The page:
I used to enjoy socialising with my friends, at work or an evening out. But even now, almost 2 years after my traumatic brain injury, I struggle with groups. There are so many reasons why this is difficult for me. I hate it needing to turn down kind offers for events, but I have to.
Socialising in groups means too many conversations to follow
Trying to get used to having a massively shortened attention span, like me, and following what someone is saying is tough. But add in several conversations happening at the same time, and it’s too much. I find I get distracted by hearing a word or two that someone else said. Then I’m trying to workout what they might be talking about. Oh but the conversation I’m having isn’t over. Yes you’ve lost me now, what did you say?
I’m not stupid, I’m just slow
As many of my brains pathways are damaged, thinking and processing takes a lot more effort than before. It takes me time to think about what you said, let alone a reply. I get there, and other than the fact I struggle to find the words I’m looking for, my response is still the same. But when you have met up with friends, and the buzz is flying as this group are excited about socialising, you don’t want to be stuck with me. I suck the energy out of the flow as I slow it down so much. So I can’t blame people when they start up conversations with others, and I’m left like the lemon that I am.
All the concentrating wears me out
I get tired, and although adrenaline might carry me through the event, I pay for it later. The headaches and eye aches are awful. coupled with the cognitive fatigue, it can wipe me out for a week. And I mean I’m struggling to even get out of bed I’m so bad. I can’t string a thought together, not even that I should try taking some more painkillers.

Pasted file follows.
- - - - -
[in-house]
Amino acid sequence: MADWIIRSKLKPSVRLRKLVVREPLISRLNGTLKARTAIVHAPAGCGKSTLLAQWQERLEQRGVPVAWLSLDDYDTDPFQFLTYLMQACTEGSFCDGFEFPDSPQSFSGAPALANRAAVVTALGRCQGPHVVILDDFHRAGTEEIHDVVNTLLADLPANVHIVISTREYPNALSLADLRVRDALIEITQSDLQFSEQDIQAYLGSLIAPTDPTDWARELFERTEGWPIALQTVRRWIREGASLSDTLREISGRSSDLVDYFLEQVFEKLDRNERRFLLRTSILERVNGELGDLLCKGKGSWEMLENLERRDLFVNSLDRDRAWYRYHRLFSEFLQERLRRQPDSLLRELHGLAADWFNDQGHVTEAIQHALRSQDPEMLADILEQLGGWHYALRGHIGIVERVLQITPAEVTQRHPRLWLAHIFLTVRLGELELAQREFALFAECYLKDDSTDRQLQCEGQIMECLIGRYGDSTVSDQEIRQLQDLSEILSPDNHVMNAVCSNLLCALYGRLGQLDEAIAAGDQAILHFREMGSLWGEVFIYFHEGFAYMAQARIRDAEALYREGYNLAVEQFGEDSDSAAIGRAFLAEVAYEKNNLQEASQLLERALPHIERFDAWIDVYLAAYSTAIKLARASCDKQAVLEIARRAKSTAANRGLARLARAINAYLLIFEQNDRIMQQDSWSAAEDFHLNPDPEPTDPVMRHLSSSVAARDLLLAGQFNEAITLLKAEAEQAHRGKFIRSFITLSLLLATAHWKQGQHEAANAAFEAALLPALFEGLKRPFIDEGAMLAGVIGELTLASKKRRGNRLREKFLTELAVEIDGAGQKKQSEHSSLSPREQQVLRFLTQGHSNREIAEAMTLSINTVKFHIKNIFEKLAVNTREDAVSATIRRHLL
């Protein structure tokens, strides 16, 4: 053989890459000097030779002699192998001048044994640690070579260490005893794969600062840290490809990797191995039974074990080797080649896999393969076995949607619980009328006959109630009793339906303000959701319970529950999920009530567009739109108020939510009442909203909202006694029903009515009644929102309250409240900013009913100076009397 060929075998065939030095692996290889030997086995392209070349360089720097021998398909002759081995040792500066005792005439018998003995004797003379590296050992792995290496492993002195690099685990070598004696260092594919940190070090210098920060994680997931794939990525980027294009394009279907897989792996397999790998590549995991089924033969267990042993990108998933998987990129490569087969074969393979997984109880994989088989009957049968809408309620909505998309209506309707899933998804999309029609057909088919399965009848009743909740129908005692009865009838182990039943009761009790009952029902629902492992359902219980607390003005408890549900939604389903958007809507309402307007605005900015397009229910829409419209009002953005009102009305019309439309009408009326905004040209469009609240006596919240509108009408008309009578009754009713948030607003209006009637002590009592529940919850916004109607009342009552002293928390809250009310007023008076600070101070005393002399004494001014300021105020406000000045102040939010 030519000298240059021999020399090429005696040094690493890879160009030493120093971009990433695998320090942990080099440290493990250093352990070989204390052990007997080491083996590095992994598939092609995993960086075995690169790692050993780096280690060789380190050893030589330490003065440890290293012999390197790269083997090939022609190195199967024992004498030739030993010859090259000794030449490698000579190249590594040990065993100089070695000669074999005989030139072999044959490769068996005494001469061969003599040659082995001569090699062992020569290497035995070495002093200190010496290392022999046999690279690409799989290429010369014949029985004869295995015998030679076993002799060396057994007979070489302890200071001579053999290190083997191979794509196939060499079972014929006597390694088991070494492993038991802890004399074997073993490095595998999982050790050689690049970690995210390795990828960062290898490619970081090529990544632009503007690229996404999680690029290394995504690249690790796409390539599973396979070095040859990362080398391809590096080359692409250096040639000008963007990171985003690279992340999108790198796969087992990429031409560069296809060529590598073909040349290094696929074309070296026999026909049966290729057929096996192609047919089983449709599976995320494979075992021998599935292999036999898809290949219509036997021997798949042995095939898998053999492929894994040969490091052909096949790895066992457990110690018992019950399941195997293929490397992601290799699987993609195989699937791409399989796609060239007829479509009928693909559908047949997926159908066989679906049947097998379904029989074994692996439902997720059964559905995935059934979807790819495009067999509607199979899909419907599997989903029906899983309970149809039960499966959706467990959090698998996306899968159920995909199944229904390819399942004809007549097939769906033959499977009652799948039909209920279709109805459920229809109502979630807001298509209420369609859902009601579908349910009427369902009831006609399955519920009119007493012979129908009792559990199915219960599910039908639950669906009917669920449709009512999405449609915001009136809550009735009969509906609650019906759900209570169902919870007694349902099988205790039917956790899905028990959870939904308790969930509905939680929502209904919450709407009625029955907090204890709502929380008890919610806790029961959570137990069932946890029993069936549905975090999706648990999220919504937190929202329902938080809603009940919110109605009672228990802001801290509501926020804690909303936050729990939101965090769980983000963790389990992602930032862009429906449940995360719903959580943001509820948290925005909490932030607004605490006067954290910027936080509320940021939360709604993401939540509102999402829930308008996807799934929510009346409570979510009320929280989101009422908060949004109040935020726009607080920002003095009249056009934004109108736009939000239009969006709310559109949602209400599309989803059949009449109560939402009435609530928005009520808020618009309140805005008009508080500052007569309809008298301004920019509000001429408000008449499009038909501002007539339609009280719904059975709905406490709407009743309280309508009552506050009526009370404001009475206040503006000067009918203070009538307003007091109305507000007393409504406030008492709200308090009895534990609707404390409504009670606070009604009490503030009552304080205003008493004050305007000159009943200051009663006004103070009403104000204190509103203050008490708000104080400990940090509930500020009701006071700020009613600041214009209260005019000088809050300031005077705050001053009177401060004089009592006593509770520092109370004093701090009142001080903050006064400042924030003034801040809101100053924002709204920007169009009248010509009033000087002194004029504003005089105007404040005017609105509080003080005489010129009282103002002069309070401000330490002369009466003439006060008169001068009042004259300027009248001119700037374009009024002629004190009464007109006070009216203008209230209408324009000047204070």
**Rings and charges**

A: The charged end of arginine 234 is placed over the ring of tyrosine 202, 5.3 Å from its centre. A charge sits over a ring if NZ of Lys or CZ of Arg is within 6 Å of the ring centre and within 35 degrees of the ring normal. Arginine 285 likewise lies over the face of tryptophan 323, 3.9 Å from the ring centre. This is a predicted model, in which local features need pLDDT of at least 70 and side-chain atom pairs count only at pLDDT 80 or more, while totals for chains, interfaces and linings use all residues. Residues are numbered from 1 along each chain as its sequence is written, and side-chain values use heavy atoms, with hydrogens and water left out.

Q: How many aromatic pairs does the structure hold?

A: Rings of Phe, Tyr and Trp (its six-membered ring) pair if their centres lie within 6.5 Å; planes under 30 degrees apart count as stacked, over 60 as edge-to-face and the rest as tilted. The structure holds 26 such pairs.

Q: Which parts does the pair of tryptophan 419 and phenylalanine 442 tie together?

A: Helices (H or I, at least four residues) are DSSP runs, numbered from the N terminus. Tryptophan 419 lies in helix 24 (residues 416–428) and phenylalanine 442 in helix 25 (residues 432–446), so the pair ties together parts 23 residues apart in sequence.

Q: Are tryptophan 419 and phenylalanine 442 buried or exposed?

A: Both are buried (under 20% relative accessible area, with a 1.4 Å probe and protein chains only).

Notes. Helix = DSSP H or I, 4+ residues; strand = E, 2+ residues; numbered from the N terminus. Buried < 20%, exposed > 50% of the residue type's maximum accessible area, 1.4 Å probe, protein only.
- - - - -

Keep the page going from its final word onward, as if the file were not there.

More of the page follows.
This aftermath is the part that only my partner James sees. If I do decide to go to something, I know he’s thinking of both sides. Yes it’s good it have that social contact, but he knows it’s probably going to cost me more than dinner.
I can cope with a couple at a time so much better. It means there’s just one conversation for me to follow. And I don’t mind if they do most of the talking, in fact it takes the pressure off me. It’s not that I’ve gone off socialising. I just have to weigh up the pluses and minuses of each situation. That’s pretty much the same for everything when you are living with a brain injury, you have to choose your battles.
Another thing to consider when thinking about going to an event is the environment. You can read why in Light and Noise Sensitivity.
Other articles you like like:
- Dodge behaviour related misunderstandings provoked by brain injury. Tips from a survivor.
- Why Pinterest is great for brain injury survivors.
- Words rebel & become unresponsive after brain injury.
- Multitask plan doomed to fail after brain injury.
Do you find socialising in groups works for you? Please share any good tips.